This content is from: Switzerland

25 years of Swiss VAT: The partnership with the Principality of Liechtenstein

Tim Reck and Matthias Höhn of Deloitte outline obvious differences and commonalities between the VAT laws of Switzerland and its neighbour Liechtenstein.

Following the introduction of VAT in Switzerland 25 years ago, the Principality of Liechtenstein widely adopted the technical articles from Swiss VAT law into its own VAT legislation. In addition, a bilateral agreement details the cooperation between the VAT authorities of the two countries.

In the following article, the concurrences and discrepancies between the VAT law of Switzerland and Liechtenstein are explored.

Liechtenstein has adopted Articles 5 to 14 of the Swiss VAT law. Accordingly, the requirements for a mandatory VAT registration and the option to a voluntarily VAT registration are, in principle, the same. Furthermore, the principles of the place of supply rules for the supply of goods and services are identical.

Liechtenstein domiciled entities register for VAT with tax authorities in the Principality of Liechtenstein whereas Swiss domiciled entities register for VAT with the Swiss Federal Tax Administration (SFTA). Foreign domiciled entities with supplies that lead to a VAT registration in the Swiss customs territory need to register with the SFTA. Based on this principle, a Swiss VAT registered entity may declare Liechtenstein turnover via its Swiss VAT returns.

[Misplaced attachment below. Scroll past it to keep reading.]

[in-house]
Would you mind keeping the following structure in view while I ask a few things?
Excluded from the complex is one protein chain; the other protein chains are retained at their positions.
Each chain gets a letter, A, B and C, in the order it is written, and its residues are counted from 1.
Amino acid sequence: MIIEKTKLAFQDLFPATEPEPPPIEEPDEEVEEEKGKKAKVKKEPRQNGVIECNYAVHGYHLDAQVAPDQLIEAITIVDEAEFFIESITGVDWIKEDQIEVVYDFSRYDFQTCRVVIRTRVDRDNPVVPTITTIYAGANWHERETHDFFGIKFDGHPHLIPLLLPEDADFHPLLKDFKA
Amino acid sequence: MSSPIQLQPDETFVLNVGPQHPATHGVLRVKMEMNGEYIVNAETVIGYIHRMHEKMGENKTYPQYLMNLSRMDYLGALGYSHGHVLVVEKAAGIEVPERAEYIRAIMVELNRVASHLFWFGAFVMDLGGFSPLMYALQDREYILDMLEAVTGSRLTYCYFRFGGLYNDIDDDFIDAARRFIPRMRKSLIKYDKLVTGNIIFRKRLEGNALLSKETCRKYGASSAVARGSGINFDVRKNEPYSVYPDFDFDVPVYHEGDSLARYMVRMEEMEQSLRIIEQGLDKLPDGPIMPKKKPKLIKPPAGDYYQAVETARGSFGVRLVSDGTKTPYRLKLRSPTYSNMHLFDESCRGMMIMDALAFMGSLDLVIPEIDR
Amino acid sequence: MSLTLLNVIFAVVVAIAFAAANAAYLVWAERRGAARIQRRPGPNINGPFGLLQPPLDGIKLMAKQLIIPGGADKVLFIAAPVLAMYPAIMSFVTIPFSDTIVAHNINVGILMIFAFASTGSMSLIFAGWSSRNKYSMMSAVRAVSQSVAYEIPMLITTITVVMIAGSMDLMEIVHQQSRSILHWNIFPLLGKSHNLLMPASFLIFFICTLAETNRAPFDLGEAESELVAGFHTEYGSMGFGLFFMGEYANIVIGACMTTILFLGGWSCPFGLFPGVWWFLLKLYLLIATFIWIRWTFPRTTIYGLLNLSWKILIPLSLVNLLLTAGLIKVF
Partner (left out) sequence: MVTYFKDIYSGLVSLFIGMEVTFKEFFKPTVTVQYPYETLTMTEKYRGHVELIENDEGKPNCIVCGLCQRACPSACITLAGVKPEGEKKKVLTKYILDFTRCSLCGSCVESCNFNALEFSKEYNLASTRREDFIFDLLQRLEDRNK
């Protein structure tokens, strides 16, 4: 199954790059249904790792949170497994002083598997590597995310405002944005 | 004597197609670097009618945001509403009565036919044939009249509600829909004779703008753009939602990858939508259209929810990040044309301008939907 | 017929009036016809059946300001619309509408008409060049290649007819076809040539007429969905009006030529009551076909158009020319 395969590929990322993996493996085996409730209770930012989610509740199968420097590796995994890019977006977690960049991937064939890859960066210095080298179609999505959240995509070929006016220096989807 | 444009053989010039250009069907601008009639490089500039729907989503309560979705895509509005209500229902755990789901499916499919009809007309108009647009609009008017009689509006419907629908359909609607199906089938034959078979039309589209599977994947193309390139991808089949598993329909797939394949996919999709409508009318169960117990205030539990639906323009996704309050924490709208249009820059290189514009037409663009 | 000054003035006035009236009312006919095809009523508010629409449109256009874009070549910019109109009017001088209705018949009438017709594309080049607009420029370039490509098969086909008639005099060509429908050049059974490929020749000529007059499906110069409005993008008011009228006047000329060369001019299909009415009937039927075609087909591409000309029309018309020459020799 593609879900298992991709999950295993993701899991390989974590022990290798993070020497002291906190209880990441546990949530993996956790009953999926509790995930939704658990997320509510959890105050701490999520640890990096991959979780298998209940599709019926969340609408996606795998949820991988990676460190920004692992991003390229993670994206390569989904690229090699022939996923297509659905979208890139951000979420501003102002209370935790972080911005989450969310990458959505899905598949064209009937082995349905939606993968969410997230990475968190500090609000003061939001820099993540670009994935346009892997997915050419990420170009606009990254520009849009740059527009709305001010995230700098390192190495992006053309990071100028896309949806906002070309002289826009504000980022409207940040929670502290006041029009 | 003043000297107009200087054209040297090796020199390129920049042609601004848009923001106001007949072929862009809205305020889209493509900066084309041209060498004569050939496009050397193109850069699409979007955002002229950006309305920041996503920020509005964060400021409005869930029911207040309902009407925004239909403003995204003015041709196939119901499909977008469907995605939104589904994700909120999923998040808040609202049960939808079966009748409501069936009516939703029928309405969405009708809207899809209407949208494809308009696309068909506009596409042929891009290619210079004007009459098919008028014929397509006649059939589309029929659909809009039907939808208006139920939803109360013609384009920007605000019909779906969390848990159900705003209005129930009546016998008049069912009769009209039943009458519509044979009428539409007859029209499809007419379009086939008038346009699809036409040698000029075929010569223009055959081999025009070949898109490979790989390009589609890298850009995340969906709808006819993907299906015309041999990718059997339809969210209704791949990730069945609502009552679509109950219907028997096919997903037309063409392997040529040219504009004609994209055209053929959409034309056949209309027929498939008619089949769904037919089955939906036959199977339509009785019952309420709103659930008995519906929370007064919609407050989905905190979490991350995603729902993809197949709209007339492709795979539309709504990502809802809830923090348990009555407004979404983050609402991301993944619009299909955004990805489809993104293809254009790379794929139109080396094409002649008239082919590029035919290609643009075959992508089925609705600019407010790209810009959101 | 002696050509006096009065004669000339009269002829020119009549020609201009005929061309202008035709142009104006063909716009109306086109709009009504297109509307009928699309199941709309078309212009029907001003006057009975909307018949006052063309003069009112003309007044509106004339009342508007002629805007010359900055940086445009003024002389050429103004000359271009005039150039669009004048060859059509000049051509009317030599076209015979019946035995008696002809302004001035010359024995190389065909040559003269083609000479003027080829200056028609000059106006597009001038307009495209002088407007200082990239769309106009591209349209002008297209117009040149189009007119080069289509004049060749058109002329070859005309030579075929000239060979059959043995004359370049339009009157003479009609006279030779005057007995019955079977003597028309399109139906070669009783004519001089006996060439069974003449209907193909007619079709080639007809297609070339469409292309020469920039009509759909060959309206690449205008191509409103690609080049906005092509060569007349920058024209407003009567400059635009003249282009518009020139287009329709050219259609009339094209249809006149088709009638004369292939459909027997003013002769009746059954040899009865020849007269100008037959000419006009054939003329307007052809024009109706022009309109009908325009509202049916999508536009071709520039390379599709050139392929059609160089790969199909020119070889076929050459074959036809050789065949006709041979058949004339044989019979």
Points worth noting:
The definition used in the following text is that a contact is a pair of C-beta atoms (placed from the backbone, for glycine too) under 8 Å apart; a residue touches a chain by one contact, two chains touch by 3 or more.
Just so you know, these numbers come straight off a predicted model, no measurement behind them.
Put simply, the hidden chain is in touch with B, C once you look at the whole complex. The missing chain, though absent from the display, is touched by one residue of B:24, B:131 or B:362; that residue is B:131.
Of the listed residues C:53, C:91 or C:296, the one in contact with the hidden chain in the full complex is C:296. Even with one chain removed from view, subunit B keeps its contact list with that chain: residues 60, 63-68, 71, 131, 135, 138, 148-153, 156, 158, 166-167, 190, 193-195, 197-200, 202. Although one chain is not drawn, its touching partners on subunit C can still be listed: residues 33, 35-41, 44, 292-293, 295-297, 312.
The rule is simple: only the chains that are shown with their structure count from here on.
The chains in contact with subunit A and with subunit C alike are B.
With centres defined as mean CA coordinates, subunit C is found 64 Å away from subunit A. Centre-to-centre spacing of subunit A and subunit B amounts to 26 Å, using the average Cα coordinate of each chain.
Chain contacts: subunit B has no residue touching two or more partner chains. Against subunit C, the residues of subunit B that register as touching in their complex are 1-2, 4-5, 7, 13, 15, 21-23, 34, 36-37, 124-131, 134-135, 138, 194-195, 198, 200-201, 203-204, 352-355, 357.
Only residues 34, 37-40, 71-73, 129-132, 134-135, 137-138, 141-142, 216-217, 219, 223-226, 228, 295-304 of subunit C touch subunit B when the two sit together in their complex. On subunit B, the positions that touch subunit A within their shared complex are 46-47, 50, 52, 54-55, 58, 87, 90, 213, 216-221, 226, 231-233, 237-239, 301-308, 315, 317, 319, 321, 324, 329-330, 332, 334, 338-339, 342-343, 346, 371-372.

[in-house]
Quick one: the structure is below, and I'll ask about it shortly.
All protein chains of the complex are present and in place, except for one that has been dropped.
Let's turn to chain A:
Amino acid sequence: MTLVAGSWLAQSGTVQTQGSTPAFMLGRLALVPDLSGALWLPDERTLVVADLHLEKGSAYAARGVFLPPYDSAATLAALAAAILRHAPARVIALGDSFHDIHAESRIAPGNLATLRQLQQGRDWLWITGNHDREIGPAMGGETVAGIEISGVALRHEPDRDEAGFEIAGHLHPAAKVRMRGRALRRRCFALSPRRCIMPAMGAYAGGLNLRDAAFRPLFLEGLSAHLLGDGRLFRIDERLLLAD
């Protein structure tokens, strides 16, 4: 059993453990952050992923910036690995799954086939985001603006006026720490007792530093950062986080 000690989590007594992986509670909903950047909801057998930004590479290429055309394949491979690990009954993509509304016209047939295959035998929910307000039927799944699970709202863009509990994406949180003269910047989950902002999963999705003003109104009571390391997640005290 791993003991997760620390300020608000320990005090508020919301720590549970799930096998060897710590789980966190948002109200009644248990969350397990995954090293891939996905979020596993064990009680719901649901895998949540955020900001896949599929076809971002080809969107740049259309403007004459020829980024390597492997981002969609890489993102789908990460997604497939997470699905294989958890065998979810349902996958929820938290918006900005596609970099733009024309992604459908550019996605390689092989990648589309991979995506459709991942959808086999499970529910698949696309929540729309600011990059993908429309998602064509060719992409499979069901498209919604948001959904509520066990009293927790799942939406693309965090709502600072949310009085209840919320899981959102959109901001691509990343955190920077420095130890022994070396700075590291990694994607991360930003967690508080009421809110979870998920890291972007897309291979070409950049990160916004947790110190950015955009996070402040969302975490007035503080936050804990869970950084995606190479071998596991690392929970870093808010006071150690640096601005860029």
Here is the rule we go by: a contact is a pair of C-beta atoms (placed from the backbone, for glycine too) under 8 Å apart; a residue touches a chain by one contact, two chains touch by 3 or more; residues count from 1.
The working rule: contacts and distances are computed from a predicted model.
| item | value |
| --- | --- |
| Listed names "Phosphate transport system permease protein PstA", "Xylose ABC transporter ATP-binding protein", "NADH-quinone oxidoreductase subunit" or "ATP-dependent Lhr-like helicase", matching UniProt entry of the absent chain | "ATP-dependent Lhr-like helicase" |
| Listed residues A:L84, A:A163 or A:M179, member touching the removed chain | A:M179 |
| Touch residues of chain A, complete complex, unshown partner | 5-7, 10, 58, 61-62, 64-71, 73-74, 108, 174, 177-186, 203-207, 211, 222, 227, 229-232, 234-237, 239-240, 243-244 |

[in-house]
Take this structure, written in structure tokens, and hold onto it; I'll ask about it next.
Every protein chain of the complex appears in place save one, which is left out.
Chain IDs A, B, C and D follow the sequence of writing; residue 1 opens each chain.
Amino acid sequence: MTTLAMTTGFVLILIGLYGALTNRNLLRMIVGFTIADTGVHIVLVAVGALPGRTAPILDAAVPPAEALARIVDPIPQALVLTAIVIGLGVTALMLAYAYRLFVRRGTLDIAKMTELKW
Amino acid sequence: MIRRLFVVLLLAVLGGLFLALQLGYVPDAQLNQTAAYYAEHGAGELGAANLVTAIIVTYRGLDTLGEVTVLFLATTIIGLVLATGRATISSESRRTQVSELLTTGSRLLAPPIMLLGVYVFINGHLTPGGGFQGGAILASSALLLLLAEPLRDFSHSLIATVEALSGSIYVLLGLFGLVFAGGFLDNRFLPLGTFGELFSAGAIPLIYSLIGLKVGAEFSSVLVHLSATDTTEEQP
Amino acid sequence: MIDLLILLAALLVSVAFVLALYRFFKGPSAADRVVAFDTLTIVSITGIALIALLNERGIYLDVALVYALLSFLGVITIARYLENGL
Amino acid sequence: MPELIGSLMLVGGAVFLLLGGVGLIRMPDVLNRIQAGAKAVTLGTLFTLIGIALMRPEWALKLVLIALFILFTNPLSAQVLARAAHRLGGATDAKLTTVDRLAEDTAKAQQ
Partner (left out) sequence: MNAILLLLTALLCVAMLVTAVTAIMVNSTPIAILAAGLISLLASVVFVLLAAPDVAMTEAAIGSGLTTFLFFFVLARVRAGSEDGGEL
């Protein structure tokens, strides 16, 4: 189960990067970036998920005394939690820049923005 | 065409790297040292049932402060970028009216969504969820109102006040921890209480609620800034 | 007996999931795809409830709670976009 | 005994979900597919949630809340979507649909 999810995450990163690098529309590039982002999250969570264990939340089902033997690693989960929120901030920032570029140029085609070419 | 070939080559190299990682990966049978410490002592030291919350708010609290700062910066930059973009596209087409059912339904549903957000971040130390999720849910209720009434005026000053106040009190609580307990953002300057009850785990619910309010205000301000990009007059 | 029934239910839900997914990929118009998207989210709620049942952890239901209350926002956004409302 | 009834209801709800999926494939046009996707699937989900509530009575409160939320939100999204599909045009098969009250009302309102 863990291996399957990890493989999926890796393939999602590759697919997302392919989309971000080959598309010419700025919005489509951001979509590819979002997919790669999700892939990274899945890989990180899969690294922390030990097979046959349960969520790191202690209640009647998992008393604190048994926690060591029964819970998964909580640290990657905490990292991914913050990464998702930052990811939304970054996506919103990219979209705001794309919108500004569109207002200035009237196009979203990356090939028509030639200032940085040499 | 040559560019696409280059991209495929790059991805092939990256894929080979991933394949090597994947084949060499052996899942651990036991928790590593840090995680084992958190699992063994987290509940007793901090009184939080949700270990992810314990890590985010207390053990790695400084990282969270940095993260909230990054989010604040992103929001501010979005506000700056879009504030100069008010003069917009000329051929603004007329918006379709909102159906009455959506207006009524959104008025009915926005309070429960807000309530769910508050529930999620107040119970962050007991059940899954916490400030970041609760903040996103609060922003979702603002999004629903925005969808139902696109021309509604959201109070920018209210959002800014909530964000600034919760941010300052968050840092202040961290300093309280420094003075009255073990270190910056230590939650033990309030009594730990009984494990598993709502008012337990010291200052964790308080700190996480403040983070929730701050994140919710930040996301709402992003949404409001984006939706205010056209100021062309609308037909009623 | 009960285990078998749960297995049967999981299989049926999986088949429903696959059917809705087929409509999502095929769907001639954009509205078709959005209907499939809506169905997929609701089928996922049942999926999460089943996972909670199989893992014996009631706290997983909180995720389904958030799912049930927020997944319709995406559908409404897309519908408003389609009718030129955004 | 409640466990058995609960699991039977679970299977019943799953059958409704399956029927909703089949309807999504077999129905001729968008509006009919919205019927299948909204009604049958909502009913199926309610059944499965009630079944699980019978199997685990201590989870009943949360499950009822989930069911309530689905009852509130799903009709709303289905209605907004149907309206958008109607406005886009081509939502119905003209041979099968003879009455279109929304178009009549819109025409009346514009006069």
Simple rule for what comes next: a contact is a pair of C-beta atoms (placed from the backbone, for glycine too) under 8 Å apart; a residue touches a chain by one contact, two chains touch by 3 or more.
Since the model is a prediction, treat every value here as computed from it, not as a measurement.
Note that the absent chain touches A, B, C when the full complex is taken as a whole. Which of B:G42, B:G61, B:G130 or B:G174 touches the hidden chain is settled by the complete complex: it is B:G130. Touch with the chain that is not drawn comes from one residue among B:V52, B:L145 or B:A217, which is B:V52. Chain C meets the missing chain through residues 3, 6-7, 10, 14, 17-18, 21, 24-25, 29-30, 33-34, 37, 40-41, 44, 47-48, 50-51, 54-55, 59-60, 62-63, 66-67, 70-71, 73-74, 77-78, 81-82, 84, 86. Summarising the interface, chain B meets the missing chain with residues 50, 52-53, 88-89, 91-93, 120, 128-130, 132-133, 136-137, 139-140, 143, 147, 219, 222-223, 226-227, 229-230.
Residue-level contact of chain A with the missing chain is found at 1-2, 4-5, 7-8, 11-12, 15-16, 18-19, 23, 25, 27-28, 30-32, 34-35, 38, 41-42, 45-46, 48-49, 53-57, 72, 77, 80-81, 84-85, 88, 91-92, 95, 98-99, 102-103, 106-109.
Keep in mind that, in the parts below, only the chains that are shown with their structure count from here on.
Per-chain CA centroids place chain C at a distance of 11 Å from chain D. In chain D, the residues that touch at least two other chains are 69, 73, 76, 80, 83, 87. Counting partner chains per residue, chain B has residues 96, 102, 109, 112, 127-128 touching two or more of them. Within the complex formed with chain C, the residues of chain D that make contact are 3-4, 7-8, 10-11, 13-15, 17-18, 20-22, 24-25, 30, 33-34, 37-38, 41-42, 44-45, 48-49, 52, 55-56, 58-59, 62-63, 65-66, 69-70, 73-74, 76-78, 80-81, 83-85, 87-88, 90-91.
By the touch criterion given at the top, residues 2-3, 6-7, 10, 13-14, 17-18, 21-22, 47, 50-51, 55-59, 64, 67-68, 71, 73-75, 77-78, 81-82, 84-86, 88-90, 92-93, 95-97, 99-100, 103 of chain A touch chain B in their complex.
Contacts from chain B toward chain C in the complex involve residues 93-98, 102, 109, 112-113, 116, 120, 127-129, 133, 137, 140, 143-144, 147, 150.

While Switzerland maintains a publically available electronic register of entities with an UID (business identification number), in which it can be verified whether an entity is VAT registered with the SFTA, such a register is not in place in Liechtenstein. Hence, VAT numbers of Liechtenstein domiciled entities are not publically available online.

Contrary to Swiss VAT law, a Liechtenstein domiciled entity that only achieves turnover abroad is exempt from VAT liability.

Entities that are only VAT liable due to the acquisition of services need to register with the Liechtenstein VAT authorities and file an annual acquisition tax return on an official form provided by the authorities. In Switzerland, the declaration of acquisition tax is declared with a letter to the SFTA.

Cross-border VAT grouping between Swiss and Liechtenstein domiciled entities is not possible. Moreover, within the Swiss customs territory, the single entity principle applies. This means that branches in Switzerland are seen as part of the headquarters in Liechtenstein and vice versa.

While the Liechtenstein authorities have their own procedures regarding VAT audits and legal procedures, the Swiss Supreme Court is in charge for final decisions on the interpretation of the technical articles.

Overall, there is wide accordance, especially in the day-to-day business between Swiss and Liechtenstein VAT law. However, the fact that Liechtenstein is a sovereign state with its own law and institutions needs to be kept in mind, also for VAT purposes.


Tim Reck
Director 

Matthias Höhn
Senior manager 


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